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Chris Nichols’ Queen Mary Adventures
On June 1, the Cairo Caravan, one of the oldest and largest belly dance conventions in the country, will shimmy onto the Queen Mary. What other types of events has the art deco icon hosted? Chris Nichols recounts his most memorable experiences onboard the ship
I like spooky, atmospheric places and love sneaking into closed-off areas, but I was not prepared for the fear factor that comes from being plunged into the bowels of the Queen Mary on the one-way elevator of doom. We all know how beautiful the original suites are, with their wraparound woodwork and art deco details, but when the ship dropped anchor in Long Beach to become a hotel, a cluster of rooms was carved out of mechanical space below deck. These are not the rooms you want to stay in. The dark and claustrophobic quarters make a Super 8 seem glamorous. Even worse was finding my way back to these windowless wonders after an evening stroll. That is when I met the haunted elevator that self-selected ever-worsening destinations deeper and deeper below the water line. Should I select the darkened hall of steam or the red-lit corridor of doom? I eventually disembarked and stumbled through the ghostly darkness until a staircase brought me back up into the light of the promenade.
The all-star disaster movie The Poseidon Adventure was inspired by a real-life incident onboard the Queen Mary. Novelist Paul Gallico was in the dining room during an Atlantic crossing in 1937 when a giant wave nearly knocked over the ship and inspired the book, which inspired the movie. The first time I saw the film in its entirety was in the first-class main lounge, now known as the Queen’s Salon. Alamo Drafthouse, a Texas theater outfit, was staging a nationwide “Rolling Roadshow” series, presenting classic movies in their original filming locations. Key scenes of Poseidon were shot in Long Beach, with replicas and models standing in for the rest. Actresses Stella Stevens and Pamela Sue Martin were on hand for the event, which I seem to remember included a sing-along of the movie’s theme song, Maureen McGovern’s The Morning After—although I may have made that decision myself. To the disappointment of some, the ship stayed upright through the screening.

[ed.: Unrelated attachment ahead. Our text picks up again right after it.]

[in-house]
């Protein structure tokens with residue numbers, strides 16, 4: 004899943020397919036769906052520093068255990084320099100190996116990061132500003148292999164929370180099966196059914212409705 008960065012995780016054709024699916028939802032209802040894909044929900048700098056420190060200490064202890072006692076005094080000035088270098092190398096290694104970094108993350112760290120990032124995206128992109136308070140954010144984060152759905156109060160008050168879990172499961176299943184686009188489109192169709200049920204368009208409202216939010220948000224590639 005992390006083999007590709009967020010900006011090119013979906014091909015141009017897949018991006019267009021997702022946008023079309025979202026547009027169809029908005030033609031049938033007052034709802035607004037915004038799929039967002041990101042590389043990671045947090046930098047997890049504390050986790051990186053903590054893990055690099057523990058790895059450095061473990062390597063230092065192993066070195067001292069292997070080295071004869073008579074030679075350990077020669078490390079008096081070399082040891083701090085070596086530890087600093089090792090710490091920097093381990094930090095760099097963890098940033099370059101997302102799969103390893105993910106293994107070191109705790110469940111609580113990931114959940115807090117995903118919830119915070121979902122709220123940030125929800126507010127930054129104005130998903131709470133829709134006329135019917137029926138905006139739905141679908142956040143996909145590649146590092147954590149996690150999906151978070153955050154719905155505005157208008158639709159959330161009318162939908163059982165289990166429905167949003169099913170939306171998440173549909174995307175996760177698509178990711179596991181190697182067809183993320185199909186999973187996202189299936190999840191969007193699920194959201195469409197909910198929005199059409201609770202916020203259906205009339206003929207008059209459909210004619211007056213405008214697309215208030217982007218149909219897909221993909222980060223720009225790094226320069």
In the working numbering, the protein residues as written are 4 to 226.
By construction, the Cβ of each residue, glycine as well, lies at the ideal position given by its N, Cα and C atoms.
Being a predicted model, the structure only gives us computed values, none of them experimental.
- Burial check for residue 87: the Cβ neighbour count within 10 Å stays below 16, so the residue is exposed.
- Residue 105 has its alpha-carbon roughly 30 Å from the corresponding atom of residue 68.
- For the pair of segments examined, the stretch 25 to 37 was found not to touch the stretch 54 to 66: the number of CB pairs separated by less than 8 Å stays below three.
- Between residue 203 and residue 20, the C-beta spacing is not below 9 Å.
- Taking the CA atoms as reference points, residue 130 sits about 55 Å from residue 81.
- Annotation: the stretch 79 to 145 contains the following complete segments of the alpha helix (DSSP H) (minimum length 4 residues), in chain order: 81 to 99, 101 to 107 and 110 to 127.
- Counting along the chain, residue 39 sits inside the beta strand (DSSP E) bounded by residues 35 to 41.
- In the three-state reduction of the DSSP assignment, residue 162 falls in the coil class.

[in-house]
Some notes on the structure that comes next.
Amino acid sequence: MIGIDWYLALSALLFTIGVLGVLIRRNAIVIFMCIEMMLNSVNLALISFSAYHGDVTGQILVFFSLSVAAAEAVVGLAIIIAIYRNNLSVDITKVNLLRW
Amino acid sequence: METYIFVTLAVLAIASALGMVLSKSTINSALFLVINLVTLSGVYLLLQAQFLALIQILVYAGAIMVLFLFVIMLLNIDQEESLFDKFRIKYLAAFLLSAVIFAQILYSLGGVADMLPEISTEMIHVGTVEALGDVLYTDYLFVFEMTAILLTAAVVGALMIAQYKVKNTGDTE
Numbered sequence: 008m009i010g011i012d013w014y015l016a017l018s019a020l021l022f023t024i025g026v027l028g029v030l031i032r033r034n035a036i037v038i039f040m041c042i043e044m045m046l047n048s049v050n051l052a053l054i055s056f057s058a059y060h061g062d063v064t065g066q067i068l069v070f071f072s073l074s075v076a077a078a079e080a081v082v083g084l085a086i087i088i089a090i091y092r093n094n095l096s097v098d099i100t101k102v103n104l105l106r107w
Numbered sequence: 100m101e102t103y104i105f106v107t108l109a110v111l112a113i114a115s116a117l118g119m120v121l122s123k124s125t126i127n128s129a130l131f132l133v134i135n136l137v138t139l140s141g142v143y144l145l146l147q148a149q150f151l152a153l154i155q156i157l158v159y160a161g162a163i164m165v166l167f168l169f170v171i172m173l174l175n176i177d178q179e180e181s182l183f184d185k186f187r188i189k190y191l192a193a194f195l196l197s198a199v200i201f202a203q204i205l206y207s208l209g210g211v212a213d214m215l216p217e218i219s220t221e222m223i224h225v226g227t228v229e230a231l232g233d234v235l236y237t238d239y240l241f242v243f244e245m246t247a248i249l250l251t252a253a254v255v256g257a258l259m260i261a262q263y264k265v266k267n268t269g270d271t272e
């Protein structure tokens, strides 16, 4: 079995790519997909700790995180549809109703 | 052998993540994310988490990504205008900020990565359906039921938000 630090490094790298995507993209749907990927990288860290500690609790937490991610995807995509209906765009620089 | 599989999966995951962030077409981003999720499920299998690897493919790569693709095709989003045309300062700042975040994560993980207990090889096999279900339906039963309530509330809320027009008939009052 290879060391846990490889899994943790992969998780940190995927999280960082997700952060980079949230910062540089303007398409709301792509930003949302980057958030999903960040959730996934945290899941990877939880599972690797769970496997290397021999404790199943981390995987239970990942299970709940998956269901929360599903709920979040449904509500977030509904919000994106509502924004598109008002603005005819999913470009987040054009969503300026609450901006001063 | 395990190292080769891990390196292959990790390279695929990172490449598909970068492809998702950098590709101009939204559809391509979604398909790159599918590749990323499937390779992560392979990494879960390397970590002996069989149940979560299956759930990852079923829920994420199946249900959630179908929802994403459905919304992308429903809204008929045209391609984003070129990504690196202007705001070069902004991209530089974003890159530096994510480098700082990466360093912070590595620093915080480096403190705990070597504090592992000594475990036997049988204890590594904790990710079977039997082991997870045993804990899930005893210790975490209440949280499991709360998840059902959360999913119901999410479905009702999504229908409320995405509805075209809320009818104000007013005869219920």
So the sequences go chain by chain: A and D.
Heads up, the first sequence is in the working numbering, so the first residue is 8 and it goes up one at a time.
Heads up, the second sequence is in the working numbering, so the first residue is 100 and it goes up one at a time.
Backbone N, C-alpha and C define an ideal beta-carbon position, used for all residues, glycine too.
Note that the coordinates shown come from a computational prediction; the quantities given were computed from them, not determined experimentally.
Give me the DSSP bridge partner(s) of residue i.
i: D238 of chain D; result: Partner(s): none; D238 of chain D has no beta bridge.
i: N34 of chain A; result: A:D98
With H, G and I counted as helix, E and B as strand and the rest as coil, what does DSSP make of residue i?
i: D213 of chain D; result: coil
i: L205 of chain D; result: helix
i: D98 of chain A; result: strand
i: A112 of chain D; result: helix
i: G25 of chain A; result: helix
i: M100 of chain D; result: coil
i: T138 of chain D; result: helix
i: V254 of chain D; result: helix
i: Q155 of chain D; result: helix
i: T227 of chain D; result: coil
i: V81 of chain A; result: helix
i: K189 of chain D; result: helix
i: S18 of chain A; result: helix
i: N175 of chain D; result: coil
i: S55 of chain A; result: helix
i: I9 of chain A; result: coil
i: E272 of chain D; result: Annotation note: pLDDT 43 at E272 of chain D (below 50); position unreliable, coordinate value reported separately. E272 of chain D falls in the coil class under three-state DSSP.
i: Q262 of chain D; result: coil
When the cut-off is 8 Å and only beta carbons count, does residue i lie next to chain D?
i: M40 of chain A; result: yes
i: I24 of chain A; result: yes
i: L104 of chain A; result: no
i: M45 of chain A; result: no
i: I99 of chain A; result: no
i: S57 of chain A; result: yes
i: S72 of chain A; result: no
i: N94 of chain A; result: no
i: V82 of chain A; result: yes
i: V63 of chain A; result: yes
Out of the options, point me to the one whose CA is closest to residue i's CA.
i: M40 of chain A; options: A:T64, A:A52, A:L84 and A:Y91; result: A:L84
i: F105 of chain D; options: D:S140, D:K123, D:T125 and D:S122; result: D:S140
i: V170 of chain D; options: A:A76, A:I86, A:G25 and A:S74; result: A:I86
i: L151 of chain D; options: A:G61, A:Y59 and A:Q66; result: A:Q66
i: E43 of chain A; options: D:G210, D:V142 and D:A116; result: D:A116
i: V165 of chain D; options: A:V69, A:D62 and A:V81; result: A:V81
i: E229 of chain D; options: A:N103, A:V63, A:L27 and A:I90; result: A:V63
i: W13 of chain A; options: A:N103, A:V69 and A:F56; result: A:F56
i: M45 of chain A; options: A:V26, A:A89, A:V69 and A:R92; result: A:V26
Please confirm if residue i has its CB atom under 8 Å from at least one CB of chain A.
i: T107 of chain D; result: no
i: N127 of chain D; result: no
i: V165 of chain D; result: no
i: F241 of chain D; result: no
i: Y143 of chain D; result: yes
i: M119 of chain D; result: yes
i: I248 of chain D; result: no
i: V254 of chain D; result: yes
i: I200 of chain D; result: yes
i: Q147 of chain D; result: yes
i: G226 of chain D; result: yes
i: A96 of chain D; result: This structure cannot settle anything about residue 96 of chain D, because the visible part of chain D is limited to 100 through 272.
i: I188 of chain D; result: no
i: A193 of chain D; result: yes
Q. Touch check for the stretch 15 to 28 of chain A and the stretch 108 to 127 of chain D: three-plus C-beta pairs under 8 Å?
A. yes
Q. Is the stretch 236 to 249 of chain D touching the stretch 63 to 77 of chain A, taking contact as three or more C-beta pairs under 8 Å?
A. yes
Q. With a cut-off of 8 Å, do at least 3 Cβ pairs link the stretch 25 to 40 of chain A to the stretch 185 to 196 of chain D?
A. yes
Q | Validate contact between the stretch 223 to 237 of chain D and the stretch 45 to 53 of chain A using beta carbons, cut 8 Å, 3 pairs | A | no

Sometimes my eyes are bigger than my (ample) stomach. Too much is never enough, and one summer evening after throwing a party that included a barrel of grog, a sea shanty band, cannon fire aboard a tall ship, and a live parrot show, I stiffed a couple of pirates. I admit it, it was shameful and awful, but I had been spending money like a, well, drunken pirate, and it was my only way out. When it came time to pay the last two members of the pirate crew, I found my bag all out of booty, so I quietly slipped out of Rainbow Harbor and hightailed it to the Queen Mary, a safe place to hide and ponder my next move. They had my number, and I figured I’d send them a check. An hour into further libations at the Observation Bar, I felt the velveteen rickrack of a privateer at my shoulder and secured a quick loan from a friend before I was forced to walk the plank. I still throw a big party every summer but no longer allow costumes that include swords.
Photograph courtesy queenmary.com